Of course, all of this change and new technology means we are and will continue to become busier than ever, and even the most basic of networking skills will take time to learn and cultivate. To that end, here are several best practices that will help you on their way to becoming a cloud DBAs, capable of bridging the gap and increasing effectiveness in the interim:
- Pay attention to the little things. If your organization is currently leveraging a cloud provider’s services for data storage or application databases—and this is even truer for DBAs who until now have worked primarily on-premises—you will notice small differences in day-to-day management and troubleshooting. A query that might take seconds to run on-premises could take over a minute in the cloud. An understanding of how data traverses the network will encourage DBAs to consider other possibilities, like latency, as an initial culprit, rather than heavy data traffic.
- Stay on top of change. New software today gets rolled out at an unbelievable pace, with updates often coming out every two or three months. As a cloud DBA, you need to look at these changes and updates and think, “Is this something we can take advantage of? If so, is it the right choice or are there other options out there?” You want your business or customers to have the best possible experience. Sometimes that could mean leveraging Azure over Amazon or vice versa. Or maybe you can find a provider that offers both, where everything is hosted in Azure but for data recovery specifically, they leverage AWS storage. Regardless, you should be aware of new trends in the marketplace and how those could benefit your business.
- Greater visibility is key. In the hybrid IT age, there are multiple people between you, as the DBA, and the end user, including the ISP and cloud provider. Advanced management tools like visual network path monitoring helps us regain much of the authority lost in the move to the cloud. It allows not just the simplified detection of issues in internal networks, but also extends troubleshooting through the internet and into service providers’ networks. Tools like these will be critical as we increasingly look to differentiate between data performance issues and network performance issues.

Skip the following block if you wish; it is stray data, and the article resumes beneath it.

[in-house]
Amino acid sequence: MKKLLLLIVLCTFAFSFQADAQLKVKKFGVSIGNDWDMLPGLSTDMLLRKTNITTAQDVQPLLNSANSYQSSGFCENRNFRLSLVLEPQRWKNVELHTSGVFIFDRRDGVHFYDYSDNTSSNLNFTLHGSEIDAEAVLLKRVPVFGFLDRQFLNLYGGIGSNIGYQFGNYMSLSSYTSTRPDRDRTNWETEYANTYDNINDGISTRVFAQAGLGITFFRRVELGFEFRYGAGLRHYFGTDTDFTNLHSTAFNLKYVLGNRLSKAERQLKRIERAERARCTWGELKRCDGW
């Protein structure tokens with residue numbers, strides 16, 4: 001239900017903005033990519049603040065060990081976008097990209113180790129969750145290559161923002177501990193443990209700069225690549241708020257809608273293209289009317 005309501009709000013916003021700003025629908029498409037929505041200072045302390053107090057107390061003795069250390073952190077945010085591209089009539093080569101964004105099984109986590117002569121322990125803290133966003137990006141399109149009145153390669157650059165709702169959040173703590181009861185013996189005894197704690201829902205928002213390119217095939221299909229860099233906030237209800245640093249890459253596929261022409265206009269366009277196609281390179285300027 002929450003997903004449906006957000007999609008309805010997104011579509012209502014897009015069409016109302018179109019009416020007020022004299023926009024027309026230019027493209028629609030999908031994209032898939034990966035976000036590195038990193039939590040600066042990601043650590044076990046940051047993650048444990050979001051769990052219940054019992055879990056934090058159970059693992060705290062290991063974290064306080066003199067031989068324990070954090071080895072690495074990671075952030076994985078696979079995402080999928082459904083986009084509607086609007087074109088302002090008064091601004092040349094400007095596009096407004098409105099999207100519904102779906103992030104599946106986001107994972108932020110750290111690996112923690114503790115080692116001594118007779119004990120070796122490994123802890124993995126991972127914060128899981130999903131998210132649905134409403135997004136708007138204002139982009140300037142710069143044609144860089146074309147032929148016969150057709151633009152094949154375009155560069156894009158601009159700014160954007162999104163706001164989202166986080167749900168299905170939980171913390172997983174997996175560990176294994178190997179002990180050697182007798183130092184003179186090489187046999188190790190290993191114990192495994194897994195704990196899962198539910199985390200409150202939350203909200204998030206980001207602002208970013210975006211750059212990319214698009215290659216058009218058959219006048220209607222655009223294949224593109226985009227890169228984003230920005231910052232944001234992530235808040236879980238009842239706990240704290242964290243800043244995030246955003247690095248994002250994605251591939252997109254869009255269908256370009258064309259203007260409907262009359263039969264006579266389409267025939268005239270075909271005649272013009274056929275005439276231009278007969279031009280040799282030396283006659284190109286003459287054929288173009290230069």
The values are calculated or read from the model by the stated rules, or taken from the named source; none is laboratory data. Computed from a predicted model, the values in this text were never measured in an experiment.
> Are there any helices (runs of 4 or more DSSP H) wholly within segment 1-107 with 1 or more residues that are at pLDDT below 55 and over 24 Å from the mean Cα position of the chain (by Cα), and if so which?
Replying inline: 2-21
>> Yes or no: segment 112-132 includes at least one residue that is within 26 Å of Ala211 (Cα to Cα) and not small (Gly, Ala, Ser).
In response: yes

- Unify your view. Finally, as cloud DBAs, we should use comprehensive management and monitoring tools that provide a single dashboard of performance and the ability to drill down across database technologies and across deployment methods, including cloud. This will ensure your organization isn’t wasting valuable IT funds by addressing a database performance problem with the wrong solution. With a broader set of data and greater visibility, we can more quickly move through potential performance issues and correctly diagnose and resolve them.
So, the key to continued success for us DBAs into the future is a broader understanding of our data centers’ operations, especially the part networks play. Do we need to know how to configure routers and modems? Probably not. But the DBA who will be successful in the next generation of IT will at least have a solid understanding of the broader set of interconnected technologies that make up a complete data center; how their data is getting from point A to point B; and a baseline to help identify when performance is normal and when it’s not—all of which translates to a faster time to resolution and a more strategically leveraged IT budget.
Thomas LaRock is a Head Geek at SolarWinds and a Microsoft® certified master, SQL Server® MVP, VMware® vExpert, and a Microsoft certified trainer. He has more than 15 years’ experience in the IT industry in roles including programmer, developer, analyst and database administrator.